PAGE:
Addition of repeaters is typically a heuristic activity that creates re-working of a circuit layout and a re-evaluation of the impact in a logic negation (since an inverter adds a logic inversion) and timing (since the inverter itself adds its intrinsic delay as well as amplification). Hence a hardware means that could help reconstitute the signal without inversion and without additional delay would help resolve this problem.

FIG. 1A is a diagram of a typical computer system in which repeaters or other mechanisms may be used. A microprocessor 10 is connected by a bus 11 to a memory 13. Inside the microprocessor 10 are a number of clusters or logic blocks, such as clusters 12, 14, 16, 18 and 20. These clusters can be logic blocks, memory arrays, or other group circuitry. In-between the clusters are channels, such as channels 22, 24 and 26. The clusters would typically have drivers and receivers along their edges, such as driver/receiver arrays 28 and 30 on cluster 14 and driver/receiver arrays 32 and 34 on cluster 12. An example of a long line is shown as long line 40, which goes from a driver in array 30 to a receiver in array 38. A repeater 42 is placed in the middle of the line to speed the signal transition. As can be seen, the repeaters need to be placed typically after the rest of the circuitry has been laid out, and either need to be placed in the routing channels themselves, or in other locations.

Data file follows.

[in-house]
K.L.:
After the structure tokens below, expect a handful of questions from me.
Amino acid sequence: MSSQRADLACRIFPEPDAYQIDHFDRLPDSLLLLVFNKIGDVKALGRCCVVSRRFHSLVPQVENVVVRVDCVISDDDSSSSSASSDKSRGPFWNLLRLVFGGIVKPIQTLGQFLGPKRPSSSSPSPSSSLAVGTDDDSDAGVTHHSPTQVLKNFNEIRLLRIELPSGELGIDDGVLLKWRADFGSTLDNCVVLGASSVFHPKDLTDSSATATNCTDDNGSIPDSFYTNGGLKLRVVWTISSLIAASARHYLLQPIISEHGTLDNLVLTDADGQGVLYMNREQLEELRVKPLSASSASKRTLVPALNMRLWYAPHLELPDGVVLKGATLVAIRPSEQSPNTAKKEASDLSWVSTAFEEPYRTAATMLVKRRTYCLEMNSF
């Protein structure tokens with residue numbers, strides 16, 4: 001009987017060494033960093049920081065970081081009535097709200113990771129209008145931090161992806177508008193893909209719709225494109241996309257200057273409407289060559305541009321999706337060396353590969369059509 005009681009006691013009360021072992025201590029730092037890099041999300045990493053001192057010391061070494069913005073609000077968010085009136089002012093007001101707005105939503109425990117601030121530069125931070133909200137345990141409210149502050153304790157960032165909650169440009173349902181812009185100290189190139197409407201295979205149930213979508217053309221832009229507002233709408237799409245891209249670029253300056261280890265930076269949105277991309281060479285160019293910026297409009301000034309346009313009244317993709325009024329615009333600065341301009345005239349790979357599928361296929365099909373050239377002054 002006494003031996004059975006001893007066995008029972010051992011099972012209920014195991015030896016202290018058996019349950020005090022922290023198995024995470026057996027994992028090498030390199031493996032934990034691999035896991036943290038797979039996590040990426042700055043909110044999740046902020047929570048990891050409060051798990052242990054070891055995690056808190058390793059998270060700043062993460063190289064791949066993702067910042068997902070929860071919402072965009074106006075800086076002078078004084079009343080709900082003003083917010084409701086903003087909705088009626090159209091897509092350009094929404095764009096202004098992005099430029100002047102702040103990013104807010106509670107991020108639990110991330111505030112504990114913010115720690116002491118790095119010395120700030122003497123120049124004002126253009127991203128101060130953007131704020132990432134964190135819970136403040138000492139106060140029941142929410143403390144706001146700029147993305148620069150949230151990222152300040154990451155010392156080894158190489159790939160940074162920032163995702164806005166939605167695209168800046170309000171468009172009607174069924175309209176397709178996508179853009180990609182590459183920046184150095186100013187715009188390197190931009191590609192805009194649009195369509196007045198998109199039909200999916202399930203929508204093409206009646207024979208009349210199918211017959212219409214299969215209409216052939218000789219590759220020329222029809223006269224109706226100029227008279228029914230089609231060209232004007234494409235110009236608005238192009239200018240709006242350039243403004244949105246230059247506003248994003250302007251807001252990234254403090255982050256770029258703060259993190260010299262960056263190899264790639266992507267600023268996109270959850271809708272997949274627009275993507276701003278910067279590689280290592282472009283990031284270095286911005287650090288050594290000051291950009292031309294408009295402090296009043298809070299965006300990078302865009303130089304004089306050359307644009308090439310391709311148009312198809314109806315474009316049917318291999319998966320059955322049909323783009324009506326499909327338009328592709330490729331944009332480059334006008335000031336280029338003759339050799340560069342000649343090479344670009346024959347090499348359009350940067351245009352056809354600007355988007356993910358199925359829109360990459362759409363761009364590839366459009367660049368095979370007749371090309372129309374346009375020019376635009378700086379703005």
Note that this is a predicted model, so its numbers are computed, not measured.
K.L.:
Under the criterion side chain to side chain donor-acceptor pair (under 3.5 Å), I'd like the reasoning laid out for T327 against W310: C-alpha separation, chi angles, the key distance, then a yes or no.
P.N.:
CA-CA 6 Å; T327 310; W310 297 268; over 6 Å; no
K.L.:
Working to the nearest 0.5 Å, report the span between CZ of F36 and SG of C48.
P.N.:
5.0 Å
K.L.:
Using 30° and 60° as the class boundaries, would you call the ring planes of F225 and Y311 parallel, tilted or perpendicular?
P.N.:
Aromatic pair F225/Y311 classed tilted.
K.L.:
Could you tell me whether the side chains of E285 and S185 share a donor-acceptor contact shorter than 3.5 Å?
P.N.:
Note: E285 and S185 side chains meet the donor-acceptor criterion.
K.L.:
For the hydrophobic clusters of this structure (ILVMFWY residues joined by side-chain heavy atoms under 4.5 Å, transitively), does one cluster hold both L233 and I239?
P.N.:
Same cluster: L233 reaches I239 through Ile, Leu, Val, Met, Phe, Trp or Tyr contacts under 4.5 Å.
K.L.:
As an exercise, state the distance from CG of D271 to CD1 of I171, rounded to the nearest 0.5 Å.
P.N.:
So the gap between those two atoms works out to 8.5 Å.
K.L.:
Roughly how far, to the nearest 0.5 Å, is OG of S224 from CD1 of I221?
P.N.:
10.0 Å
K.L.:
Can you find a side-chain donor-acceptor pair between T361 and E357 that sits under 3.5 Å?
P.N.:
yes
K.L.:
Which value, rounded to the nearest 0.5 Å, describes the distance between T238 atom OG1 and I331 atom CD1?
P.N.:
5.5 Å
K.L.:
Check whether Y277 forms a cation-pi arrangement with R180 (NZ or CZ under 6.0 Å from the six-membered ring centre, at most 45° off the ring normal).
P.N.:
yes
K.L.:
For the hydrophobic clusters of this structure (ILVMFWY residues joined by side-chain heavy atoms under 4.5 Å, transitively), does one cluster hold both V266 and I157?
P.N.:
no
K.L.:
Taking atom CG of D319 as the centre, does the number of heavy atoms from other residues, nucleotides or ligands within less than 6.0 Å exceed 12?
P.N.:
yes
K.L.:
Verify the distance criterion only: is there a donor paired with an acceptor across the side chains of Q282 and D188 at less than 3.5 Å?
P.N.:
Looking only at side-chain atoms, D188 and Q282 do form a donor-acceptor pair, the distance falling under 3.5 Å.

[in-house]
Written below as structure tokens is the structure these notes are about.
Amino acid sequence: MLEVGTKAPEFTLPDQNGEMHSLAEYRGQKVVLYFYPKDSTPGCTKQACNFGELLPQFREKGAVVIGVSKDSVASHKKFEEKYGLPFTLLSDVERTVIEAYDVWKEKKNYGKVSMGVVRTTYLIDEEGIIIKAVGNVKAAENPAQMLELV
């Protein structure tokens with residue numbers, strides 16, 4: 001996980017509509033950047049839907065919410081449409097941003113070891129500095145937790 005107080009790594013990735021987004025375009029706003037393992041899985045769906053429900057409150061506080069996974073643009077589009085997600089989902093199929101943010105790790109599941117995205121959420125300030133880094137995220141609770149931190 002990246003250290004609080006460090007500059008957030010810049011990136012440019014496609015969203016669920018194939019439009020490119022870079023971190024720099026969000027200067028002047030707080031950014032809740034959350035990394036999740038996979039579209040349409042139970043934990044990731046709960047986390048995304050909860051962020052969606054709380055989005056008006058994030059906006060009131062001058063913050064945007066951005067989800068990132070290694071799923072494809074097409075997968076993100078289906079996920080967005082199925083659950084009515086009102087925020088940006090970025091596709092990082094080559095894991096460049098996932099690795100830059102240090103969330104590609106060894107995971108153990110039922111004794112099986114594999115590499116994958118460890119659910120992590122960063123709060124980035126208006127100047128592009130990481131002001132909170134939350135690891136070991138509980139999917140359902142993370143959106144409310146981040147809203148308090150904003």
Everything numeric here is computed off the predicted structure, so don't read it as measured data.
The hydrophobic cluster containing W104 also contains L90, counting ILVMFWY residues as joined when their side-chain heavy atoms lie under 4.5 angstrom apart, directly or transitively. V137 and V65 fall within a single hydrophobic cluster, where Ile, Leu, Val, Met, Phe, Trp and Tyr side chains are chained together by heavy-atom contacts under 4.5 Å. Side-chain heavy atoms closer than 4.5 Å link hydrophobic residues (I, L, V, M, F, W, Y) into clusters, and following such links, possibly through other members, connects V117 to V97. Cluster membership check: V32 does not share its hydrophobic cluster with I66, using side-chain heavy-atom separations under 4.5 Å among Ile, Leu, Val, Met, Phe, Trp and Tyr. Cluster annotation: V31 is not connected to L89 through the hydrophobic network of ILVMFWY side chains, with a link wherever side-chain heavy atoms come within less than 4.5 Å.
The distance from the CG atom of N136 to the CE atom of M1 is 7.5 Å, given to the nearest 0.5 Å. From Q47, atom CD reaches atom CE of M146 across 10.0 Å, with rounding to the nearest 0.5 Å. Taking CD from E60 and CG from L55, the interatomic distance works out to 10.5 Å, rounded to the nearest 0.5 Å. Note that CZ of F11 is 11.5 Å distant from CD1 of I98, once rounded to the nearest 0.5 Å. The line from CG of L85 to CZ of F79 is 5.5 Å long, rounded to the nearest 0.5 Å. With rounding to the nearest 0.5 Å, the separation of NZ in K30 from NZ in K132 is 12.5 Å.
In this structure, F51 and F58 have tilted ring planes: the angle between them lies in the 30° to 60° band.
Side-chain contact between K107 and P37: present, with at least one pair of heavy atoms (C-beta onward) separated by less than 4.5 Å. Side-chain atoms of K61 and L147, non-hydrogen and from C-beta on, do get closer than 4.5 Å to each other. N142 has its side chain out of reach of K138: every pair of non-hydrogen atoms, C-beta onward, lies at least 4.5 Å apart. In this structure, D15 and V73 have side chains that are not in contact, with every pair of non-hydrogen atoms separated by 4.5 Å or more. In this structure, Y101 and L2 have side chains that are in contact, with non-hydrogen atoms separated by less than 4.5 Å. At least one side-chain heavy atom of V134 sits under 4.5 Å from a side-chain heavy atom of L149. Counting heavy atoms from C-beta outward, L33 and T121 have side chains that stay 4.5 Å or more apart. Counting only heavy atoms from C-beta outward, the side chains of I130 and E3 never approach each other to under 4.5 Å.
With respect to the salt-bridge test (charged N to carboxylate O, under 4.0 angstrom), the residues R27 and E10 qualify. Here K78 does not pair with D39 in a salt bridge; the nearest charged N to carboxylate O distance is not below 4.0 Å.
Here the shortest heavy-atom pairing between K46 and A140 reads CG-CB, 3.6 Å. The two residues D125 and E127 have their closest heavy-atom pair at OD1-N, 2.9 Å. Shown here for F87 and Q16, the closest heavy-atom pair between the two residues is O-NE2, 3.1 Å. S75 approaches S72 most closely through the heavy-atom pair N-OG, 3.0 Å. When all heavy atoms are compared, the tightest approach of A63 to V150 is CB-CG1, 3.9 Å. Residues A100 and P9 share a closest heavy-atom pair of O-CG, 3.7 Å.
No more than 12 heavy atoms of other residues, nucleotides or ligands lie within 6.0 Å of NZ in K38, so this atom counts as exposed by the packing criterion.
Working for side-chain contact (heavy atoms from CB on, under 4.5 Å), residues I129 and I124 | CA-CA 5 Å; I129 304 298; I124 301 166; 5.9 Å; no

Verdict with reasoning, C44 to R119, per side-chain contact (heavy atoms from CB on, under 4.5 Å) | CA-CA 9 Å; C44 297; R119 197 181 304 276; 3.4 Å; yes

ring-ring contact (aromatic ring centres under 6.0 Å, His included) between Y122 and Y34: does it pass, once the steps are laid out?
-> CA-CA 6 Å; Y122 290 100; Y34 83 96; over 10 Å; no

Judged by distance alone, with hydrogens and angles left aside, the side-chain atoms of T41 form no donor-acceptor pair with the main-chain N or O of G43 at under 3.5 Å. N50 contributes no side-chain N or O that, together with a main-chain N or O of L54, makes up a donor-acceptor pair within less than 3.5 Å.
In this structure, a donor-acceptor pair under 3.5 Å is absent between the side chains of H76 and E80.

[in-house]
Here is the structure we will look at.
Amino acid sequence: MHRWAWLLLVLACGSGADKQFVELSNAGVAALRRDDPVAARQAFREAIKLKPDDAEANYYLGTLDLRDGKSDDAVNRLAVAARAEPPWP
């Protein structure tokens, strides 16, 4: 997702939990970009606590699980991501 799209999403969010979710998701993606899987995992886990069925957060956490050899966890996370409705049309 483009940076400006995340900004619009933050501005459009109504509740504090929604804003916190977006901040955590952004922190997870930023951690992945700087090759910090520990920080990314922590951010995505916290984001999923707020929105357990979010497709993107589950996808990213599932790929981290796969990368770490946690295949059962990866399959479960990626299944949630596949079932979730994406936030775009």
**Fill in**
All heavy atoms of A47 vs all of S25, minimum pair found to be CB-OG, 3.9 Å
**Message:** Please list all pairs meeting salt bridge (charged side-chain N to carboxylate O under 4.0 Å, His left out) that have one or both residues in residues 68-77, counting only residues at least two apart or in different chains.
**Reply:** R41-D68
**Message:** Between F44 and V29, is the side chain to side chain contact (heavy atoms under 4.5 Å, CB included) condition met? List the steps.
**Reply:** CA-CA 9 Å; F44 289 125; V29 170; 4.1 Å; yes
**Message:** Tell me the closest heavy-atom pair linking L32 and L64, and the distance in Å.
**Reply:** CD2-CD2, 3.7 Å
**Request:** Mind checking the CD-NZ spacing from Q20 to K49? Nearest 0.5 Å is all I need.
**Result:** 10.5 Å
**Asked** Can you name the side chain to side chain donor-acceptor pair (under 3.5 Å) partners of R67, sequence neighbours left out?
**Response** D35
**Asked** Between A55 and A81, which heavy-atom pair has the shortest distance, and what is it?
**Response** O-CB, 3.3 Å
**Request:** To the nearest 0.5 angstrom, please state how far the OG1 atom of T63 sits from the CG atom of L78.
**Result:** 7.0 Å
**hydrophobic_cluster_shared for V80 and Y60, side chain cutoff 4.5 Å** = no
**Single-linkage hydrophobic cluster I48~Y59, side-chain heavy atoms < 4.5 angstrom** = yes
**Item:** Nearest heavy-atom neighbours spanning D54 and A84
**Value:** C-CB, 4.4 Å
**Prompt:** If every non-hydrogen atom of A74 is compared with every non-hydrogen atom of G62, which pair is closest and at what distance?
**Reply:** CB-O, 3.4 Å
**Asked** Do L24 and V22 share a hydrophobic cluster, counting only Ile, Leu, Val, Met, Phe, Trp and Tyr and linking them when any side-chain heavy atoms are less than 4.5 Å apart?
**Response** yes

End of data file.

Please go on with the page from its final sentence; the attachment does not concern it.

FIG. 1B is a diagram of long line 40 connected between a driver 44 and a receiver 46. The driver, shown in simplified form, consists of a PMOS transistor 48 connected between line 40 and a positive voltage supply 50. An NMOS transistor 52 is connected between line 40 and ground 54.

Similarly, on the receiver, a PMOS transistor 56 is connected between an output line 58 and positive voltage supply 50. An NMOS transistor 60 is connected between output line 58 and ground 54. Please note that a positive voltage supply and ground are used only as examples, and other voltage levels could be used. Shown on the far left is an input signal A, and on the far right an output signal {double overscore (A)}, indicating two inversions through the driver and receiver.

FIG. 1C illustrates the circuit of FIG. 1B with a repeater 42 added. The repeater includes a similar arrangement of a PMOS transistor 62 and an NMOS transistor 64. As illustrated by the signal and output line 58, the three bars over the A show that the signal has been inverted again, such that this output is the inverse of the input signal A.